The Trump administration prioritized the development and active mining of critical minerals as a first course of action to mitigate vulnerable supply chains. In June of 2019, in response to Executive Order 13817, the Secretary of Commerce issued a report titled A Federal Strategy to Ensure Secure and Reliable Supplies of Critical Minerals.


The report identified numerous actions to increase supplies of critical minerals to reduce reliance on foreign sources while mitigating vulnerable supply chains. Some of these actions, however, undermine bedrock environmental laws and put at risk important fish and wildlife habitat, cultural resources and protected public lands. Trout Unlimited (TU) and our sporting partners took note of the federal strategy and produced a report, ‘Critical Minerals – A Conservation Perspective’, as an early response to the concerning proposed actions, recommending a more-holistic, responsible approach to the issue.

In preparation of our report, TU’s GIS mapping specialists analyzed the most current USGS layers to assess the possible impacts of critical mineral development on the places where Americans hunt and fish. Of the known critical mineral deposits in the western states (excluding AK), roughly 50% exist in trout and salmon watersheds, and 1 in 10 are within currently protected public lands. Additional analysis shows there are 13 known deposits of critical minerals on tribal reservations, and six of those are within trout and salmon watersheds. Aside from the mineral deposits within tribal boundaries, many of the others are near reservations, are on ceded public lands with important cultural resources, or are up-river from tribal interests. Additionally, the mapping team evaluated other factors, such as big game migration corridors, sage grouse habitat and mining-impaired streams.

The takeaway? Irresponsible critical mineral development puts at risk the places and resources important to hunters, anglers and Native Americans. Wisely, our elected officials in D.C. have taken notice and are currently developing policies.

To avoid further land and water degradation from the previous administration’s short-sided actions, the Biden administration has an opportunity to correct-course and ensure that critical minerals are sourced responsibly. On February 24, 2021, the Biden administration issued Executive Order 14017 directing federal agencies to perform a 100-day review of critical minerals supply chain vulnerabilities and to produce a report that includes policy recommendations to address these risks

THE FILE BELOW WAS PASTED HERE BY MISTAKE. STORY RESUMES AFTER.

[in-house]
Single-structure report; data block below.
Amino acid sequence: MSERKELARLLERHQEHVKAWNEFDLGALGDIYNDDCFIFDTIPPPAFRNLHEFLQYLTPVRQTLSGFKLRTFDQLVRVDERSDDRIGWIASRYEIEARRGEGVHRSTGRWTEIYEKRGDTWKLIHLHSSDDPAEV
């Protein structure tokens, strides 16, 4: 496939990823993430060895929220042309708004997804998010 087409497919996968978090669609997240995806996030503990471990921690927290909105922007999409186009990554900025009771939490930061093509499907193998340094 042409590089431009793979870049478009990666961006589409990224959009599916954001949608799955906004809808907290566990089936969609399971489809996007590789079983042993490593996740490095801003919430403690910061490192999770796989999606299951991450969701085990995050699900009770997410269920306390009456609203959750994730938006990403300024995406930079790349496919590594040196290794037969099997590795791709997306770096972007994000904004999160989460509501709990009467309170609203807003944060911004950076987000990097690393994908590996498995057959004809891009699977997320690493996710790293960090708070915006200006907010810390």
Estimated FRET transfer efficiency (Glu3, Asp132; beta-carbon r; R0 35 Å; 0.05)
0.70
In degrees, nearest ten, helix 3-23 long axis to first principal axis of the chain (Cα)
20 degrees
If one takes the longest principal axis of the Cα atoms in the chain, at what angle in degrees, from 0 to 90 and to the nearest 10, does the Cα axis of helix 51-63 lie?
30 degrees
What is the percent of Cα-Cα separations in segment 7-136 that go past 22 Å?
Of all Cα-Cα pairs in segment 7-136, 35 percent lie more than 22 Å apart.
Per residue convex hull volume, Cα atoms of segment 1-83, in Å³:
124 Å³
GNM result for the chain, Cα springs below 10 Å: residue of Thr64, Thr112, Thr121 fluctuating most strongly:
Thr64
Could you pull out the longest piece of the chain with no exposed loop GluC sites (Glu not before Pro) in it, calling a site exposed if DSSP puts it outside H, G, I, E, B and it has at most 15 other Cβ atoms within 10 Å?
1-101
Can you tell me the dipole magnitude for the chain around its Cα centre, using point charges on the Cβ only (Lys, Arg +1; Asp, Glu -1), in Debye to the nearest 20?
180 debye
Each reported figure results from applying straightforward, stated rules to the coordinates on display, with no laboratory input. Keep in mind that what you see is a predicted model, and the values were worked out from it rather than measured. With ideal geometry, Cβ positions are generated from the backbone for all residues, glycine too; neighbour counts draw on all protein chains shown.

In response to this executive order, TU proposes to invite partners from the conservation community, tribes and Native American fish and wildlife management professionals to create a policy sign-on letter to the Biden administration. The letter will address ways to responsibly manage supply chain vulnerability while recommending policies and tactics for critical mineral exploration, if and where new mining is necessary.

America must have a comprehensive strategy to secure the raw materials for a clean energy future, for a strong economy and for national security – and it must include all Americans, including the previously ignored voices of Native Americans. Following the 100-day review, the Biden administration will be positioned to enact new policies and undo the previous administration’s failings. Trout Unlimited and its partners recognize this as a momentous opportunity to help steer responsible critical mineral policy, including strategies to prevent and minimize mining impacts. Additionally, with Laguna Pueblo member Deb Haaland as the Secretary of the Interior, indigenous tribes have an opportunity for their voices to be heard in a way that has eluded Native Americans for centuries.

While the recent Biden administration executive order doesn’t set policy per se, it directs federal agencies to seek input from all stakeholders, including non-governmental organizations like Trout Unlimited. Since we’ve been watching this issue for a while and actively participating in conversations with our elected officials, we are in a unique position to reach out a hand beyond our core constituency of hunters and anglers to include others, most notably, our Native American colleagues and fellow citizens.

In the 19th and 20th centuries, the primary metals of mining focus were common names such as gold, silver, copper, iron and tin. In today’s 21st century, a whole new suite of mined mineral products is poised to create the next big push to develop new mines and potentially impact important natural and cultural resources.


21st century mining requires 21st century mining policy. Join us in shaping policy that is protective of trout, salmon, wildlife and tribal resources. We can and must do better.

Read TU’s report on Critical Minerals here.

By Trout Unlimited Staff.